Biggest bands, hmm... I have vague recollections of people talking about NIN, Garbage, Red Hot Chili Peppers, but also older bands like U2 and Pink Floyd. Nirvana and the plaid that went with grunge music were in there somewhere. 99 was one of the last year I saw fully makeupped goths and punks walking around, but in a rural community that probably wouldn't have been a thing. Rural communities are often a full decade behind the more urban parts of the country.

alleycat
08-15-2014, 01:23 PM
In the news:

The Columbine tragedy.

The impeachment of President Clinton.

JFK Jr.'s plane crash (hours and hours of footage of the ocean).

The Matrix and Titanic movies were blockbusters.

Baseball was in the news a lot because of the home run chase by McGwire and Sosa.

alleycat
08-15-2014, 01:27 PM
I seems to remember a lot of tornadoes in the Midwest about that time (I mean, more than usual). I would have to look up the exact year.

My hometown in Tennessee was hit by two tornadoes in 1999. It looked like Berlin after WWII.

http://www.mchsociety.org/files/Graphics/Events/Tornado/3dStr_op_640x480.jpg

http://cmsimg.theleafchronicle.com/apps/pbcsi.dll/bilde?Site=DA&Date=20090122&Category=NEWS01&ArtNo=901220315&Ref=AR&MaxW=640&Border=0&Tornado-10-years-later-Our-fight-back

snafu1056
08-15-2014, 01:42 PM
Are we talking about the UK or the US? I cant speak about the UK. In the US most people online were using AOL. And yeah, most people were still on dial-up, meaning if someone wanted to use the phone you had to get offline (unless you had a dedicated line just for internet. Not everyone did). Napster was around and file sharing was just getting started. I remember downloading songs thru Napster using dial -up. The fastest speed I could get was like 4 or 5 KB per second. My entire hard drive back then was only like 4 gigabytes. But it was enough because I wasnt downloading many big files. The Sims was one of the big computer games of the time. There was less uniformity and slickness on the web. Most websites were very unpolished and used clunky designs like frames and imagemaps. Many sites were just black text on white background. Hardly any video anywhere also. Streaming sucked and video files were too big for dial up (broadband really transformed the internet). Chat rooms were still very popular. No such things as blogs, just personal sites people would whip up on their own via free hosting services like Yahoo Geocities and Angelfire. Oh also no Google. It existed, but it wasnt everyones default search engine. There were many search engines then. If you had AOL youd proba ly just use their built in search engine.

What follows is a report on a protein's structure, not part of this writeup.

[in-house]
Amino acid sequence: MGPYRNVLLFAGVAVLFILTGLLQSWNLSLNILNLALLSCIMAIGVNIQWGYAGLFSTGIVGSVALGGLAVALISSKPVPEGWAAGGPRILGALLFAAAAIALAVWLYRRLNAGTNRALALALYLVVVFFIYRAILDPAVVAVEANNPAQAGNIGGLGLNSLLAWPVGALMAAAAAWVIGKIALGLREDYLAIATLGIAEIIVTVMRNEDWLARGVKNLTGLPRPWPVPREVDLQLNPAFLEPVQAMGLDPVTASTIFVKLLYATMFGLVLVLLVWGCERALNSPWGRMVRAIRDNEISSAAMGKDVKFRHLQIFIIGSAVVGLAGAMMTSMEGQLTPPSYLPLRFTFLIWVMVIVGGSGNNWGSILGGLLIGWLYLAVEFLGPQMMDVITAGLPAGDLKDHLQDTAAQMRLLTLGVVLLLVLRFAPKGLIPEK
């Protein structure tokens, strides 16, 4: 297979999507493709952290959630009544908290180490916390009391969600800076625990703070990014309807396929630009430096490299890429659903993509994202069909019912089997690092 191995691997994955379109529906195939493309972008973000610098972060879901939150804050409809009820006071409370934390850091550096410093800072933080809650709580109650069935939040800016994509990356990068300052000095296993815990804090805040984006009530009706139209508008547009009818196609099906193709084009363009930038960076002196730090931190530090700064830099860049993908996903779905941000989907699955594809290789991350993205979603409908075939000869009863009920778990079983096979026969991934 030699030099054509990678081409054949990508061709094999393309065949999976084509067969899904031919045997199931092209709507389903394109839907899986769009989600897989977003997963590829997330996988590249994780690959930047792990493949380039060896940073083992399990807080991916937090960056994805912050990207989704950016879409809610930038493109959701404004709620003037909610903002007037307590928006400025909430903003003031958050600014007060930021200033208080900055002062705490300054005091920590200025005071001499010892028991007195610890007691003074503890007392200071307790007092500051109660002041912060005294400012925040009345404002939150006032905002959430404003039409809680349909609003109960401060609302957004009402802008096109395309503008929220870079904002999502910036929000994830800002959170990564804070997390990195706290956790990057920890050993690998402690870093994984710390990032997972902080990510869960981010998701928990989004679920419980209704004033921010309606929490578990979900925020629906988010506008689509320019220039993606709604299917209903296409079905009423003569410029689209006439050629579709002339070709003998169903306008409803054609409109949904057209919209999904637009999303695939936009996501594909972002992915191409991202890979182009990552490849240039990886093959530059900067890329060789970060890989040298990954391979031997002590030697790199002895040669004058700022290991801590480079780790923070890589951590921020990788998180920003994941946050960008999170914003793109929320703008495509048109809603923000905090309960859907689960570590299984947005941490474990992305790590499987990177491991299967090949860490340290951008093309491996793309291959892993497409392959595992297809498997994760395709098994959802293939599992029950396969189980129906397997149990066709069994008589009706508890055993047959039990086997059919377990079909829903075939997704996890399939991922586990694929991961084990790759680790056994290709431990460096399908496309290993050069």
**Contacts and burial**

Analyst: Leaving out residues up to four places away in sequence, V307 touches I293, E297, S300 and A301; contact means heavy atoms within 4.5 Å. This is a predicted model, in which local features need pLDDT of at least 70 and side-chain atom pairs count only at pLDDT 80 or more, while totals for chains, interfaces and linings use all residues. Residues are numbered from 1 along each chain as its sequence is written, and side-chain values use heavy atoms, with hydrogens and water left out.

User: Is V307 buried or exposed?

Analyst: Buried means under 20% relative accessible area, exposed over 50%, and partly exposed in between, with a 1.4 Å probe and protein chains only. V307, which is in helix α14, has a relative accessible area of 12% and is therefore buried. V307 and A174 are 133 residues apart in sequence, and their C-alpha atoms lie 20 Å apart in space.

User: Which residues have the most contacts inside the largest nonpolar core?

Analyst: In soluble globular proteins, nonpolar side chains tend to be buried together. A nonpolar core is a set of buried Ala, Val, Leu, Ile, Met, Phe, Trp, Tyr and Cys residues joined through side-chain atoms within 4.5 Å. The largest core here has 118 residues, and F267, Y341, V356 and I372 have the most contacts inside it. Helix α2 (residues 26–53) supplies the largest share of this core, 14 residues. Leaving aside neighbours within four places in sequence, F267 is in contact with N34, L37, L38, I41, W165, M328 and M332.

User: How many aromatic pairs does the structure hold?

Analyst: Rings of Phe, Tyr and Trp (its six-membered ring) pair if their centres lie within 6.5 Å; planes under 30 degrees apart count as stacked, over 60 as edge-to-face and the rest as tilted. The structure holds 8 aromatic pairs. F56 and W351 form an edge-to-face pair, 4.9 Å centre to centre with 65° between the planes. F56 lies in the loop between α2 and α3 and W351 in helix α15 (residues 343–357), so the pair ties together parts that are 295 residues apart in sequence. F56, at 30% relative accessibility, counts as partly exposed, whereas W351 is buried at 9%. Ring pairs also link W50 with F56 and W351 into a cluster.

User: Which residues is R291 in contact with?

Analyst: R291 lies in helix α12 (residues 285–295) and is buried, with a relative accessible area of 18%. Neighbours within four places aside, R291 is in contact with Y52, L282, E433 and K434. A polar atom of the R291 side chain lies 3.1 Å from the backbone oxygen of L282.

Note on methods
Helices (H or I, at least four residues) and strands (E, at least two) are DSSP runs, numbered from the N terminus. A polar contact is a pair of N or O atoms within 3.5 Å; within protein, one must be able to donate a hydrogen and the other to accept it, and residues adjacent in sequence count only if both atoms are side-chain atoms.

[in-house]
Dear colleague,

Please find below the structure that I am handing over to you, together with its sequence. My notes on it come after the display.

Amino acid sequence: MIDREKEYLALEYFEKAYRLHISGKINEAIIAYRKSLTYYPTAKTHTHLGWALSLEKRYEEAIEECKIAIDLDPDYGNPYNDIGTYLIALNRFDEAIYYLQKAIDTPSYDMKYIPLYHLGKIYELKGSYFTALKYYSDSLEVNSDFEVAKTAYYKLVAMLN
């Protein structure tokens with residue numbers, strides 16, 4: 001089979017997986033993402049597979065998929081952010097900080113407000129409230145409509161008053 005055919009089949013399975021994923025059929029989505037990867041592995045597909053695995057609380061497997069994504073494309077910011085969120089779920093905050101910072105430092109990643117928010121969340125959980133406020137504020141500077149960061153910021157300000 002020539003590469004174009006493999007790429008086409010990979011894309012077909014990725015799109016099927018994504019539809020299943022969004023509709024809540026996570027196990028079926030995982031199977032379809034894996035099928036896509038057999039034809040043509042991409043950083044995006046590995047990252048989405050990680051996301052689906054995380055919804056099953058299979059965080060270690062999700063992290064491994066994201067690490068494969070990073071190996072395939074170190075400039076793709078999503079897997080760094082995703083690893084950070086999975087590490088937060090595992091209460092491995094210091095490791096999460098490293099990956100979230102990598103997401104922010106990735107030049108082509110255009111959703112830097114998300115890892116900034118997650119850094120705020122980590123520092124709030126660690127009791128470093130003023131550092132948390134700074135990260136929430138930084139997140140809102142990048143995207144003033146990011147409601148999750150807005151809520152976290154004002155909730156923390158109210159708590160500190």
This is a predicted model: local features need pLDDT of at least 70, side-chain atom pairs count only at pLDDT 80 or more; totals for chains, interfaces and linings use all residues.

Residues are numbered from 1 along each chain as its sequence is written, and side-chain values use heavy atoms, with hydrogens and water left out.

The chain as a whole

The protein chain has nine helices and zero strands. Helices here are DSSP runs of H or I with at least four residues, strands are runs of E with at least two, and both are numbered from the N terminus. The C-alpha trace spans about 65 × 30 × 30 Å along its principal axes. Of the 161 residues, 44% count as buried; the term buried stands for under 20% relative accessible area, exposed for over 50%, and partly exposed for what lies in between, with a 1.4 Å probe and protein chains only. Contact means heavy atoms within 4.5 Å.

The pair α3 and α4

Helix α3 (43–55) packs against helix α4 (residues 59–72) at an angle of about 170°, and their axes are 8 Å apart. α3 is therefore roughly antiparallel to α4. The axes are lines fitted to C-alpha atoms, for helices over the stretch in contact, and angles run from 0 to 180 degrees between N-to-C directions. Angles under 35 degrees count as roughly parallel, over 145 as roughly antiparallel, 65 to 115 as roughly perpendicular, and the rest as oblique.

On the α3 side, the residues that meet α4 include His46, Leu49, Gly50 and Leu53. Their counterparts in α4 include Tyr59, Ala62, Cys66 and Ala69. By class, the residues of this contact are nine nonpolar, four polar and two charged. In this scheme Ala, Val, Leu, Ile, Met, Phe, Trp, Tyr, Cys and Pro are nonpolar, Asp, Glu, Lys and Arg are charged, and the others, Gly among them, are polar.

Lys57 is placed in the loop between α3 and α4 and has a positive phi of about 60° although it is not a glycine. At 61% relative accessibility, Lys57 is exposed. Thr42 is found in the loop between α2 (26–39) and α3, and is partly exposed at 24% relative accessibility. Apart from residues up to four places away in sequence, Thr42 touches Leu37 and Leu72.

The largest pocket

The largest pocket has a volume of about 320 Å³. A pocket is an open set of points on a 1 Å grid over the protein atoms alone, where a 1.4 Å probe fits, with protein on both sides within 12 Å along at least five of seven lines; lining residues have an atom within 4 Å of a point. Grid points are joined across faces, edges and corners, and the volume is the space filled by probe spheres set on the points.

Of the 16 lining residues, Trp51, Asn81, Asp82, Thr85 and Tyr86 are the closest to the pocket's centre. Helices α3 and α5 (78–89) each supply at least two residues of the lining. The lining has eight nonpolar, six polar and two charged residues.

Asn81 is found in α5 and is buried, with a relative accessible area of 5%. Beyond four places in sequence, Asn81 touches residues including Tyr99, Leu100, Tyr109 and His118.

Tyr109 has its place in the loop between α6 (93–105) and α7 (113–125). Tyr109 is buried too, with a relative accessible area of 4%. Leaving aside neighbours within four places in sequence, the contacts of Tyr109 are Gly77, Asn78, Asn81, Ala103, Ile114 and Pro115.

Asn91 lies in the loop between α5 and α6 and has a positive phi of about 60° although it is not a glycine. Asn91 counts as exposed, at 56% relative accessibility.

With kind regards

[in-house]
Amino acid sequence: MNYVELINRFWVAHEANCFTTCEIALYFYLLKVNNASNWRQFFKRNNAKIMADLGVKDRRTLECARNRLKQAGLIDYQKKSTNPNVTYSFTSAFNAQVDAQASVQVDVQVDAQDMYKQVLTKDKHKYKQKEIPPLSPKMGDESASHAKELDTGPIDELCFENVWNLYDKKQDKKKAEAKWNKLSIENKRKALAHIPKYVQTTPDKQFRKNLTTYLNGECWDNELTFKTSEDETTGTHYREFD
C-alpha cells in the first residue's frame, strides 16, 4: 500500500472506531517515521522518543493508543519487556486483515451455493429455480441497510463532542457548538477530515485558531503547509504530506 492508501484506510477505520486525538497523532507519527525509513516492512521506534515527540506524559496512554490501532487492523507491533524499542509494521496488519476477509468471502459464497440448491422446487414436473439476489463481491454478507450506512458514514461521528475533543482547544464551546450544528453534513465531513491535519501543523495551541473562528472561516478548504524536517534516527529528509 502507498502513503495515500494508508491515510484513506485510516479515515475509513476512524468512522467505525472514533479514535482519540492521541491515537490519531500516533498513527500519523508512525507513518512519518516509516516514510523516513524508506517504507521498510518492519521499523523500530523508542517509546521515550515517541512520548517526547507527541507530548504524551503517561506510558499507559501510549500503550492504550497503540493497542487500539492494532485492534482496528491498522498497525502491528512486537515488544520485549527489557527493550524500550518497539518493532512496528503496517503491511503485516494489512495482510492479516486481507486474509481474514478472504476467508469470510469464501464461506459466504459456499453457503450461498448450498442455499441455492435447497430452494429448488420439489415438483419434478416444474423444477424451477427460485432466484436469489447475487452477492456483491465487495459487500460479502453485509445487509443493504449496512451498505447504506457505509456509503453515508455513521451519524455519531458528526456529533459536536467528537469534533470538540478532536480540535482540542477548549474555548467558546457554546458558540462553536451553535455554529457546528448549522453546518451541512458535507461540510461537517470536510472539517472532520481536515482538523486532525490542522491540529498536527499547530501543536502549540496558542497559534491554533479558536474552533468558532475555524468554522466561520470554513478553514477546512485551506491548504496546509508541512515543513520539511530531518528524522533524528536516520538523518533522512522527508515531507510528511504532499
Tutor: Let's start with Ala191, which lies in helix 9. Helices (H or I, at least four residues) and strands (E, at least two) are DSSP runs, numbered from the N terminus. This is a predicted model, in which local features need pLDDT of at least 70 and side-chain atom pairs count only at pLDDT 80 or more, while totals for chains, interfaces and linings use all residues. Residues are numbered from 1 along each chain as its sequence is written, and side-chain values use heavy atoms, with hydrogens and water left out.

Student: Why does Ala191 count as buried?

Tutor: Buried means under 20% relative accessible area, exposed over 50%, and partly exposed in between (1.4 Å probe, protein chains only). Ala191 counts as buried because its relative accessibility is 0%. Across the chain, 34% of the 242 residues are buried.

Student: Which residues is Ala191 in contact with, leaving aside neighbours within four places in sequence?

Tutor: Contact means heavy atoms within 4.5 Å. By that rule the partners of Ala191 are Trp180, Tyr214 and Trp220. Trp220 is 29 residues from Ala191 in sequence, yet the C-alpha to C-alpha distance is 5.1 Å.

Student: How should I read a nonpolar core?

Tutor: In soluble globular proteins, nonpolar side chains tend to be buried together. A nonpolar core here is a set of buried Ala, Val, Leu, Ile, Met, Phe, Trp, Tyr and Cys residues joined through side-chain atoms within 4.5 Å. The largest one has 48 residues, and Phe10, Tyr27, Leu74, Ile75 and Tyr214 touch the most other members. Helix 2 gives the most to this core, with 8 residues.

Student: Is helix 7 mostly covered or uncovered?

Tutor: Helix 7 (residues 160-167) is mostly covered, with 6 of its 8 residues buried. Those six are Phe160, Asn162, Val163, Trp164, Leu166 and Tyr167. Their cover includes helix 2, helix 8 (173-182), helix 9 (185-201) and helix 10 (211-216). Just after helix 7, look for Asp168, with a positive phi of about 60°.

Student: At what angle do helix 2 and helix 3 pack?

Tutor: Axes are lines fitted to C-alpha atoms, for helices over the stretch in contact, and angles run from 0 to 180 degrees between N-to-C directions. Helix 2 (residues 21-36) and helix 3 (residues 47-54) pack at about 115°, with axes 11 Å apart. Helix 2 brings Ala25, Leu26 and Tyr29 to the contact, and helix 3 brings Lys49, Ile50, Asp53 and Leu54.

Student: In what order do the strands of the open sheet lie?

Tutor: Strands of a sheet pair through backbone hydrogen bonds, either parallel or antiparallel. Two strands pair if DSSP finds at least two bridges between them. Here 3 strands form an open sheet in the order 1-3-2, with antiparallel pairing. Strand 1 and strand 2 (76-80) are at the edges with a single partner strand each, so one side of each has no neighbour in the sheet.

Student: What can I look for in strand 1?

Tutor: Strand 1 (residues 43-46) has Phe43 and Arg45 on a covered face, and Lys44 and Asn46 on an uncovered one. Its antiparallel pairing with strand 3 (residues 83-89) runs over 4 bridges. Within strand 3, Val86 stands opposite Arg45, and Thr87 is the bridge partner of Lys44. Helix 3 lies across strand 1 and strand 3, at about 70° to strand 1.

Some of the popular music I remember from back then is Lauryn Hill, Matchbox 20, N-sync, 3rd Eye Blind, Goo Goo Dolls, and Ricky Martin. The Sega Dreamcast was the hot new console. And of course Y2k. Austin Powers was still pretty popular (I think part 2 came out in 98 or 99), so if there are any really obnoxious characters in your story theyd probably be the type to go around saying "Do I make you horny, baby?" (I knew a few of those people).

tianaluthien
08-15-2014, 02:53 PM
In terms of TV, shows like Dawson's Creek, Friends, Frasier, the X-Files, Sabrina the Teenage Witch, and Buffy were big. Seinfeld ended in 1998 and Powerpuff Girls were just starting.